Friday, March 26, 2021

Unpublished Regional Patterns in the Encyclopedia


Pennsylvania name quilt inscribed by James Mack, 1854.
Pook & Pook Auction.

Here's one of the patterns I added to the new Encyclopedia of Pieced Patterns and BlockBase+

A nine-patch with a square in the center for an inscription.

Similar quilt made for 
"Anna Maria Desch
(Her Quilt)

The pattern was handed around in a small community in southeastern Pennsylvania. Anna Maria's quilt is in the collection of the Goschenhoppen Historians in Berks County. Not a lot of examples but enough to make it significant.


People call it Flying Crow today but we don't know how old that name is. I thought I'd add it to the index because it is distinctive and such a good clue to a Pennsylvania origin. In the Encyclopedia it is labeled, "Unknown from a Pennsylvania quilt dated 1853." You don't get quite as much information in BlockBase+ (why you need both the book & the program.)

Now #1644

Read Lucinda Cawley's AQSG paper: "Ihr Deppich: Quilts & Fraktur" in the 2004 Uncoverings:

I added several other patterns passed around without benefit of commercial publication. 


The Bowmansville Star, again popular in a small Pennsylvania community but not published as a pattern until recently.

The Encyclopedia book tells you it is the Bowmansville Star, popular in Lancaster County, Pennsylvania.

Here's a version in the collection of the Museum at Michigan State University.

Inscription: 1887 Ida Mayer, who lived in Bowmansville. 
From the look of the blue Eli Walker print in the border 
I'd guess it was bordered and quilted about 100 years later.

The Pennsylvanians created many variations of the large star pieced of squares so if you are numbering yours I'd call it #3982.5 variation.

I also numbered regional patterns found other places.

North Carolina quilt from
 Kathy Sullivan's collection, about 1890-1930

Over ten years ago we discussed a rather fascinating Southern pattern on this blog.

Where it was identified as a pattern found in the Indiana project.

It's now in BlockBase+
as #4180 so you can make a block any size you want.

I did a preview of the pattern as templates in BlockBase+. There are four templates because they are not exactly alike. Here's a preview of a pattern (12" as I recall.)
I usually file these digitally rather than printing them out, saving them either as a PDF or do a screen shot of the preview. I condense the templates too by using the move tool (that arrow at top right)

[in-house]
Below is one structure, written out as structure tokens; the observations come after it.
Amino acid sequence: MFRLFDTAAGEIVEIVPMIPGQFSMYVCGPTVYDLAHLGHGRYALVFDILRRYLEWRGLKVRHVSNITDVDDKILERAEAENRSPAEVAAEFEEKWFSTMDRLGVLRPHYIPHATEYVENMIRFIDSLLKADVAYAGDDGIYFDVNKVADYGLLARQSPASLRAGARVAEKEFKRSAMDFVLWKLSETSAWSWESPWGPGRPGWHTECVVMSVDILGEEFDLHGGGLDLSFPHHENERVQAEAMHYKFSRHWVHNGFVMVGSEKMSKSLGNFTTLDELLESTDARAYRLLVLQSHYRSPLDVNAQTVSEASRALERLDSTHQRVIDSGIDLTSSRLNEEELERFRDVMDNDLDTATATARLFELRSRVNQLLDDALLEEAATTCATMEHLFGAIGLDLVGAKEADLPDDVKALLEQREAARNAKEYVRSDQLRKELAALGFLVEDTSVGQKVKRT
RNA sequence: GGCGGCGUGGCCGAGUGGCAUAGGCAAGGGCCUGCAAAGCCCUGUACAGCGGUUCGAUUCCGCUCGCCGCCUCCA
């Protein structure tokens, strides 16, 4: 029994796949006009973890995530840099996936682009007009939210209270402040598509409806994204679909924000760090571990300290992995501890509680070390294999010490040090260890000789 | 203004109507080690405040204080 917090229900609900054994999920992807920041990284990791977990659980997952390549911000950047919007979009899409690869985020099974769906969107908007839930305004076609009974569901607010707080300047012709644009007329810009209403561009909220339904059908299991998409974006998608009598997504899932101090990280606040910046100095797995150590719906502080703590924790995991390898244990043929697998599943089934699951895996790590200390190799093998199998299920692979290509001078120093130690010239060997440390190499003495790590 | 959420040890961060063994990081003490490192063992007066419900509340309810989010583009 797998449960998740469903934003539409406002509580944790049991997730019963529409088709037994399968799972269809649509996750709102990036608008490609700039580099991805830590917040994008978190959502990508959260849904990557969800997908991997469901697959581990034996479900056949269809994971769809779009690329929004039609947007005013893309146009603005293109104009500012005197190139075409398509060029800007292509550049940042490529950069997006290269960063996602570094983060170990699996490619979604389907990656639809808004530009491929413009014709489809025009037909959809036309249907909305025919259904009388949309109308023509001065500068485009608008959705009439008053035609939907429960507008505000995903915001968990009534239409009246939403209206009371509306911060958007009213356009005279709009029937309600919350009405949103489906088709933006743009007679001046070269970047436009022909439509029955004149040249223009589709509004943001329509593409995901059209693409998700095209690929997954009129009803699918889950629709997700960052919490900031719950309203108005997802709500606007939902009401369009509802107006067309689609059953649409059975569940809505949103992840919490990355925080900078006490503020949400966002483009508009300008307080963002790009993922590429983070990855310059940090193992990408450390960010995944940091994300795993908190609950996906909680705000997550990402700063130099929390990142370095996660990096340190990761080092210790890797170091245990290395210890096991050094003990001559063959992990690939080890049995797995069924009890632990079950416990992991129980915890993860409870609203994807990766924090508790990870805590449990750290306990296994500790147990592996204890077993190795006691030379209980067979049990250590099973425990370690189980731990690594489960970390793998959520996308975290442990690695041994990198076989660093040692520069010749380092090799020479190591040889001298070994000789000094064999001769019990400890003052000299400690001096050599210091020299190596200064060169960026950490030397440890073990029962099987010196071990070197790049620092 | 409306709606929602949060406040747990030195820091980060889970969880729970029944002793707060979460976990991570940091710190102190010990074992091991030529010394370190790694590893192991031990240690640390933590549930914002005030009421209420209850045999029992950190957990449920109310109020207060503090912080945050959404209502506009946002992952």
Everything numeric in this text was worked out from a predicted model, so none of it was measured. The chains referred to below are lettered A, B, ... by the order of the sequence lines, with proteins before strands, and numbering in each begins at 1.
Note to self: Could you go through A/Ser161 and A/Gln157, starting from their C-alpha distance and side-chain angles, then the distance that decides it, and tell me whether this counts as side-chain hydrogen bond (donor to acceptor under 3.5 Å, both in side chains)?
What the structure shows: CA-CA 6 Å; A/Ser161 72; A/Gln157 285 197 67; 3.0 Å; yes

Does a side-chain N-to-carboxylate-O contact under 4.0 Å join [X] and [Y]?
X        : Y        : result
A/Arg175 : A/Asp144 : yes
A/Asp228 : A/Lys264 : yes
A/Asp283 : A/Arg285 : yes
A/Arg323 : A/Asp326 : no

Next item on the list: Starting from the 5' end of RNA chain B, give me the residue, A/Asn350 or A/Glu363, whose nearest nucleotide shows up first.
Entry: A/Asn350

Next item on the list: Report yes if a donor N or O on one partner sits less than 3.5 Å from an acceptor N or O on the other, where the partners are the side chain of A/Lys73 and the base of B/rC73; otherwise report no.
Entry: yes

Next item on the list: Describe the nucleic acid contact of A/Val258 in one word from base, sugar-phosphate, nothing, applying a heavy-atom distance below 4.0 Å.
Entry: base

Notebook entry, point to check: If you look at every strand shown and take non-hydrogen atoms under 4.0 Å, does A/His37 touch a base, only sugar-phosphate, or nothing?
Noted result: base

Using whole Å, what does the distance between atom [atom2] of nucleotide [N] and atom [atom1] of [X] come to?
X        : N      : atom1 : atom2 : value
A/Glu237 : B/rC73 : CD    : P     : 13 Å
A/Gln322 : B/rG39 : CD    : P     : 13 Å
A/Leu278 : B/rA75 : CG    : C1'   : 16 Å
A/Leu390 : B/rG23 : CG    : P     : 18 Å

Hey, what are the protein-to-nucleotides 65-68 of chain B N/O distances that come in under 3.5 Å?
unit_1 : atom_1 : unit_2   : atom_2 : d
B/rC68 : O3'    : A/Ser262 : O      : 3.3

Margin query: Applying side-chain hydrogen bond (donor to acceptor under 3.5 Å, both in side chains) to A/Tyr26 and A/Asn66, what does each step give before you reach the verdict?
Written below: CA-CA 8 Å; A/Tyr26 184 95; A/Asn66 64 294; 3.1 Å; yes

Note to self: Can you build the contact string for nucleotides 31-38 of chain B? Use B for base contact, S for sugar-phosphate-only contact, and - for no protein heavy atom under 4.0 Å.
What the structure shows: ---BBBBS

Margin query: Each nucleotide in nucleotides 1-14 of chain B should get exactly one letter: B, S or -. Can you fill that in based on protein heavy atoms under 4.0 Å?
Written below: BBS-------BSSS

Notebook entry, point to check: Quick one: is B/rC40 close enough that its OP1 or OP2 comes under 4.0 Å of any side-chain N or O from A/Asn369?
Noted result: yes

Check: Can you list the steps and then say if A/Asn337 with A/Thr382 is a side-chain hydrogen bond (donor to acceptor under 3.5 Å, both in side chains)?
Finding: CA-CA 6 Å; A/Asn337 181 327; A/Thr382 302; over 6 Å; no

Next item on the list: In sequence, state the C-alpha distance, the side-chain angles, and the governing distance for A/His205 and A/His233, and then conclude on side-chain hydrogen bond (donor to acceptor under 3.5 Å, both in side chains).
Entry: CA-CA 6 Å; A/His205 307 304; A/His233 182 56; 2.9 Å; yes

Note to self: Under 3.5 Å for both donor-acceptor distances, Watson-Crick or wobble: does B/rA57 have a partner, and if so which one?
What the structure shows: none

So now I am ready to make one of these. Hah!
Pigs flying.
Which might be a good alternate name.

More information on BlockBase+: 

I see on the EQ Blog that you can make plastic 3-dimensional templates with BlockBase+ on a 3-D Printer.


JustGail said...

It may not be good that I know this. OTOH, niece's DH has a 3d printer - maybe he needs a project.

Barbara Brackman said...

The possibilities are rather open ended here.

sue s said...

My hubby is looking for excuses to use his 3-D so this could be fun! I'm buying the BB this weekend and hoping to install and follow the SAL they are running on the Blog. Thanks Barbara for all you do. Just wish your fabric would show up!

Sue Green said...

This is very interesting to me as I have ancestors named Mack who married Holsingers and settled in the Lancaster area. They came from Germany for freedom of religion and to found the Church of the Brethren.

Ellie said...

I have a 3d printer and a cricut and find that the cricut template cutting experience is much easier. I buy old plastic folders for about $.10 at a thrift shop and cut them up to get flat plastic pieces. The clear ones can be taped on top of a quilting ruler for times when you had oddball alignments to make.

I export the templates out in A0 size PDF and load it into inkscape that will render it as an SVG. Just a teeny bit of cleanup and it's ready to load into the cricut software. I will usually add some tiny circles at any points where I want registration marks (eg curves). Once loaded into the cricut software, I usually add some labels and change those and the seam allowance to be engraved. So I end up with a nice set of flexible templates I can trace/cut, plus they are labeled and store really easily in a project bag. I've also used these to directly cut the fabrics when there's a particularly weird curve, or just used the fabric marker to draw the shapes directly onto the fabric.

As we know, there's no wrong way to do anything if the result works for you! But there are many options out there. The nice thing about using a digital cutter is that you can reuse a lot of materials for your templates. The chipboard backing to 10" and 5" precut squares, shoe/cereal boxes, or other chipboard packing material etc. are both very traditional for templates and recyclable for when the project is over. The PLA often used in 3d printing (which is the right material for this task!) cannot be recycled (well, you have to work really hard to get it recycled).

Anyhow, rant aside :-) I've 3d printed many quilting tools for myself, but there are tons of options for templates!